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Title: Efficient combinatorial algorithms for DNA microarray design
Author: Li, Ying
ISNI:       0000 0001 3609 5564
Awarding Body: University of Liverpool
Current Institution: University of Liverpool
Date of Award: 2008
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The advent of efficient genome sequencing tools and high-throughput experimental biotechnology has led to enonnous progress in the life science. DNA microarray is among the most important innovations. It allows to measure the expression for thousands of genes simultaneously by analysing the hybridisation data. Such measurements have been proved to be invaluable in understanding the development of diseases such as cancer. However, the analysis of data is non-trivial since the hybridisation data relies on the quality of DNA microarray. High quality DNA microarray will lead to more efficient hybridisation and stronger signal.and reliability. The reliability of data is essential. Thus, the development of novel algorithms and techniques for DNA microarray design is crucial. This thesis considers a number of combinatorial issues in selecting, placing, and synthesising probes during the DNA microarray design process. A probe is a specific sequence of single-stranded DNA or RNA, typically labelled with a radioactive or fluorescent tag, which is designed to bind to, and thereby identify, a particular segment of DNA (or RNA). The probe selection problem we studied is to find for each gene sequence a unique probe such that every gene in the given dataset can be identified. However, due to homology, sometimes a gene does not have a unique probe, then we use a small number of non-unique probes to identify a gene. The challenge of the problem is that there are many candidate probes in a gene sequence and we have to find the right one (or a small subset) efficiently. A randomised probe selection algorithm for DNA microarray design is proposed. The algorithm overcomes some existing algorithms demanding optimal probes by exhaustive search. \Ve implement the randomised probe selection algorithm and develop a probe selection software RANDPS. Investigations using several real-life microarray datasets show that algorithm is able to find high quality probes. Nevertheless, the number of the probes selected might be too large for placing in a single microarray, thus minimising the number of probes is an important objective, since it is proportional to the cost of the microarray experiment. Therefore, we investigate the string barcoding problem in which a set of non-unique probes is given and the probes have to be chosen from the given set of probes. The objective is to use an appropriate combination of probes with minimum cardinality such that all genes in the dataset can be distinguished. An almost optimal O(nlSllog3 n)-time approximation algorithm for the considered problem is presented. The approximation procedure is a modification of the algorithm due to Berman et a1. [l0] which obtains the best possible approximation ratio (1 + In n). The improved time complexity is a direct consequence of more careful management of processed sets, use of several specialised graph and string data structures, as well as tighter time complexity analysis based on an amortised argument. After probes are selected, they are then synthesised on the microarrays by using a light-directed chemical process in which unintended illumination may contaminate the quality of the microarray experiments. Border length is a measure of the amount of unwanted illumination and the objective of this problem is to minimise the total border length during probe synthesis process. This problem is believed to be NP-hard and approximation of the BMP problem in asynchronous synthesis is studied. As far as we know, this is the first result with proved performance guarantee. The main result is an O(vnlog2 n)-approximation, where n is the number of probes to be synthesised. In the case where the placement is given in advance, we show that the problem is O(10g2 n)-approximable. A related problem called agreement maximisation problem (MAP) is also considered in this chapter. In contrast to BMp, we show that MAP admits a constant approximation even when placement is not given in advance. Supplied by The British Library - 'The world's knowledge'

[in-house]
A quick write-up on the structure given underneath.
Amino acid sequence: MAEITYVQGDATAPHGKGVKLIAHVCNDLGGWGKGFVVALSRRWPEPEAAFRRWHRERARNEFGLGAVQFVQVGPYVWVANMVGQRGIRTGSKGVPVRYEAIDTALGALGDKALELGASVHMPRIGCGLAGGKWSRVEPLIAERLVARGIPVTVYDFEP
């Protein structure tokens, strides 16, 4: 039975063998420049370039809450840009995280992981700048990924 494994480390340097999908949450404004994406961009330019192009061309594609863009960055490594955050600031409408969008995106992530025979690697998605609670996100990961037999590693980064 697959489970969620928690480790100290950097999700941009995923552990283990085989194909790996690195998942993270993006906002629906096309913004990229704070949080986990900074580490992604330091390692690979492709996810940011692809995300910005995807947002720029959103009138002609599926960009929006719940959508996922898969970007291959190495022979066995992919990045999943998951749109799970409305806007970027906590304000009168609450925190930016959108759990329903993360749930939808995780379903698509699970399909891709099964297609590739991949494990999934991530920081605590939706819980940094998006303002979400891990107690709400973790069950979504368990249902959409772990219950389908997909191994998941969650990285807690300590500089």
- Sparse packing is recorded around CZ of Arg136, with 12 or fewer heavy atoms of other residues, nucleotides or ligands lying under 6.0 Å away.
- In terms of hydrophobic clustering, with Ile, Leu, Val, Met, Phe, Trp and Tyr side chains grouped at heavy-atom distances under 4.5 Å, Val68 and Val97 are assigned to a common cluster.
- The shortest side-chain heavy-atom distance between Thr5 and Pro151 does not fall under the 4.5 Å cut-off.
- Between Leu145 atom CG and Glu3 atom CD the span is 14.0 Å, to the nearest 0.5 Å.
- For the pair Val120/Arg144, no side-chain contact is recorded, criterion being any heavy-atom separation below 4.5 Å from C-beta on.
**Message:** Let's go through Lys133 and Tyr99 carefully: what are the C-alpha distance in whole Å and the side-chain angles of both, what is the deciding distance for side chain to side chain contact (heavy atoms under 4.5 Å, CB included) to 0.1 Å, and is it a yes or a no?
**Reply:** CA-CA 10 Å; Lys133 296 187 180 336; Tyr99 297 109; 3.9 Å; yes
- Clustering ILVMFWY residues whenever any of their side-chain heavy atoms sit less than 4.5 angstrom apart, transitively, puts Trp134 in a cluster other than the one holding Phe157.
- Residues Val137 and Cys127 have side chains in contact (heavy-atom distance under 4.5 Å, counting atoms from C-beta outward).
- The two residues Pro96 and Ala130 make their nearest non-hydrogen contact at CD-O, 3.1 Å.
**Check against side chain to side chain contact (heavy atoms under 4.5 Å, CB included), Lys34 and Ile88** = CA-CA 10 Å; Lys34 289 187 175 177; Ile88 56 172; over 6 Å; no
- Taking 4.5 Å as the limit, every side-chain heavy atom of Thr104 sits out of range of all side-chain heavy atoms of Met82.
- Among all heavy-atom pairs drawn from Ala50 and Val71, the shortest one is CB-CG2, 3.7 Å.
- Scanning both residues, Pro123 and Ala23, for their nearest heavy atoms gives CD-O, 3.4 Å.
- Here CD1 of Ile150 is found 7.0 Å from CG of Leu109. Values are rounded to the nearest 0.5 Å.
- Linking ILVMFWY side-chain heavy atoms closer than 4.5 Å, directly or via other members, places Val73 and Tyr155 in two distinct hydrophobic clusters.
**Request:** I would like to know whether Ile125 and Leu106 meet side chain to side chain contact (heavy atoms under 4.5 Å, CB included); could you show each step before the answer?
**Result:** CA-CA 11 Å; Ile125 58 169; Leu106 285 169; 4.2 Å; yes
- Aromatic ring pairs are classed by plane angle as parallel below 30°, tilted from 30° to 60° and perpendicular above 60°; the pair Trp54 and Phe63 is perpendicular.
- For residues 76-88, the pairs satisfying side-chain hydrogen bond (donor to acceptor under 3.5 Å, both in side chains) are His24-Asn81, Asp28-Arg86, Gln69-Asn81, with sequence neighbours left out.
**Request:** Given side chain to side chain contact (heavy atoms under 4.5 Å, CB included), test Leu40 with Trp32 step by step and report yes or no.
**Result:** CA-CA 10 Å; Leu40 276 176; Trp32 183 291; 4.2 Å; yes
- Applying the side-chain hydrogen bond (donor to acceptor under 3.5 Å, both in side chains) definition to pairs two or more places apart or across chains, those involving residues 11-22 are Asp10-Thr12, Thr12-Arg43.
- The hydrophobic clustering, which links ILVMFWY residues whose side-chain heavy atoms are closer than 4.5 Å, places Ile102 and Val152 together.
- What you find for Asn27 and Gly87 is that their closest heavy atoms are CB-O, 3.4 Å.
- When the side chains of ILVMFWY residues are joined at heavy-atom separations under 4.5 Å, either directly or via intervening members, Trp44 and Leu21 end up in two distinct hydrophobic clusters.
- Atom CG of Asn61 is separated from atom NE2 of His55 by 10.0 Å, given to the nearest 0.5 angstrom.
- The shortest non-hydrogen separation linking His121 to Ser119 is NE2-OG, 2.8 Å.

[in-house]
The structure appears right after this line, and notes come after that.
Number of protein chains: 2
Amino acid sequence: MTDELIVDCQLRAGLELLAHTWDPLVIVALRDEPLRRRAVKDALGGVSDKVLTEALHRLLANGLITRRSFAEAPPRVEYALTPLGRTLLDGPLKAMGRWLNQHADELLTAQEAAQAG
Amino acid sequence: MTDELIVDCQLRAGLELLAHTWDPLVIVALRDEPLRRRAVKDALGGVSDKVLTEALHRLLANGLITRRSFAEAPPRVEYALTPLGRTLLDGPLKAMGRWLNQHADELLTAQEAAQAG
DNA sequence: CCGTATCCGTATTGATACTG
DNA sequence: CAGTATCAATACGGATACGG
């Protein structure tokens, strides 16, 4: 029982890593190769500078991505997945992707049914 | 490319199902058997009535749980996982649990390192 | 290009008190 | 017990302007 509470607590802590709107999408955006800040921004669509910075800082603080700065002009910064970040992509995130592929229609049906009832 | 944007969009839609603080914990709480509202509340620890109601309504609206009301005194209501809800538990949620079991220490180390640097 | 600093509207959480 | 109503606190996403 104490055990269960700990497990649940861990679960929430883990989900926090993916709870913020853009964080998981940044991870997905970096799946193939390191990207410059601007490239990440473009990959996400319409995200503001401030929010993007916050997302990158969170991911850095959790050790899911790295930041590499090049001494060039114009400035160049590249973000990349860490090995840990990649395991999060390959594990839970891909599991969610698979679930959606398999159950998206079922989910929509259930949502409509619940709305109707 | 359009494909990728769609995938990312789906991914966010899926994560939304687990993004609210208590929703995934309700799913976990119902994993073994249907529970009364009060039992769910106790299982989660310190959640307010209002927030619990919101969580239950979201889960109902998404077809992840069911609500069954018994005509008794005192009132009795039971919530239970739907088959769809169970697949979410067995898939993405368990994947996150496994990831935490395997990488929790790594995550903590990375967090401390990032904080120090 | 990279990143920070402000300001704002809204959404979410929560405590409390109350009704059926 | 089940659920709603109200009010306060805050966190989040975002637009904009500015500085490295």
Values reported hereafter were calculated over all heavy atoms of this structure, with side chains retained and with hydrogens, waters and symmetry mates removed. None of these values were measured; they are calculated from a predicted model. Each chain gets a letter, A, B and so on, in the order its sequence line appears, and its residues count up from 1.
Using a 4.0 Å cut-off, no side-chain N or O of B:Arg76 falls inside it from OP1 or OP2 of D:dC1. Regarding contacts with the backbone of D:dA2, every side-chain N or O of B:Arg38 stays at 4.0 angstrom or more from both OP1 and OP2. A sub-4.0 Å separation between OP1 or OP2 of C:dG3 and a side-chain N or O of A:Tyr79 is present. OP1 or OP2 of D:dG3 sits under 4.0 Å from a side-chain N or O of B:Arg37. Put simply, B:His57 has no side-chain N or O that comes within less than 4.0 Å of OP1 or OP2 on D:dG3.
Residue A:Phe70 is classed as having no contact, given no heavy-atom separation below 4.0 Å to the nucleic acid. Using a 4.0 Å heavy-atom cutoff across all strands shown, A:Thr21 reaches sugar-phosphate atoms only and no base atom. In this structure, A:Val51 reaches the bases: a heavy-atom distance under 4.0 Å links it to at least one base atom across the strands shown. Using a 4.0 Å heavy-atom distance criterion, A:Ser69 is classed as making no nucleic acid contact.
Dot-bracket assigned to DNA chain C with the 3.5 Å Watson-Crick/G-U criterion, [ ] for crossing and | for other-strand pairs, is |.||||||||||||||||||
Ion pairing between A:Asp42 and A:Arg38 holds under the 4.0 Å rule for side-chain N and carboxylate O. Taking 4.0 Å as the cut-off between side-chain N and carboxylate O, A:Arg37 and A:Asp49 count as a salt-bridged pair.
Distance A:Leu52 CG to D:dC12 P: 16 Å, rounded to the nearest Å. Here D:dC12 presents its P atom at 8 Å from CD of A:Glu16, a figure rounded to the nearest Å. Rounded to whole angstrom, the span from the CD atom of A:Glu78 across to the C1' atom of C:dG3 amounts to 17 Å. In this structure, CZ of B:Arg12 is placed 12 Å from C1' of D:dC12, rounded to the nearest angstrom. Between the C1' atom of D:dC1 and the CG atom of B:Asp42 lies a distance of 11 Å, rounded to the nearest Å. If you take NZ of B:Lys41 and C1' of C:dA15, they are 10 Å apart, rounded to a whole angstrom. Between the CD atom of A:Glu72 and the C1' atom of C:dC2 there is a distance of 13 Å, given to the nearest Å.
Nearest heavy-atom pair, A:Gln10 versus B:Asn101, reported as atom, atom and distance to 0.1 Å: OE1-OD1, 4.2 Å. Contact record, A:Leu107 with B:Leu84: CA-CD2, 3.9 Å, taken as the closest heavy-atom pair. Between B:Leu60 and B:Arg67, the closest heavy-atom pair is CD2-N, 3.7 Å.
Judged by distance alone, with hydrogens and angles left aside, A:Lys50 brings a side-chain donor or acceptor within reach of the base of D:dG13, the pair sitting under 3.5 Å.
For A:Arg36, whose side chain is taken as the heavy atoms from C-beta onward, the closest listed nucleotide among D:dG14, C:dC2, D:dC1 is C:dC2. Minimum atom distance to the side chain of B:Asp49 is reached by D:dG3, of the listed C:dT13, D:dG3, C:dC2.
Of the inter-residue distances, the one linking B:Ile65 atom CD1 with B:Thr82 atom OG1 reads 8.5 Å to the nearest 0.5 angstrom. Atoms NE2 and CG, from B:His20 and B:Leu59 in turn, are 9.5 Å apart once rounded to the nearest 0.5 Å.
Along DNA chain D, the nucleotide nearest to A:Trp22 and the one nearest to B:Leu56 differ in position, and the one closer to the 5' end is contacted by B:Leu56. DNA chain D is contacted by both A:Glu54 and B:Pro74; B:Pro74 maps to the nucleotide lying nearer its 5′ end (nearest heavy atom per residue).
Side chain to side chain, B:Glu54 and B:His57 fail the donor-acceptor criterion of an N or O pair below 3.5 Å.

Supervisor: Not available Sponsor: Not available
Qualification Name: Thesis (Ph.D.) Qualification Level: Doctoral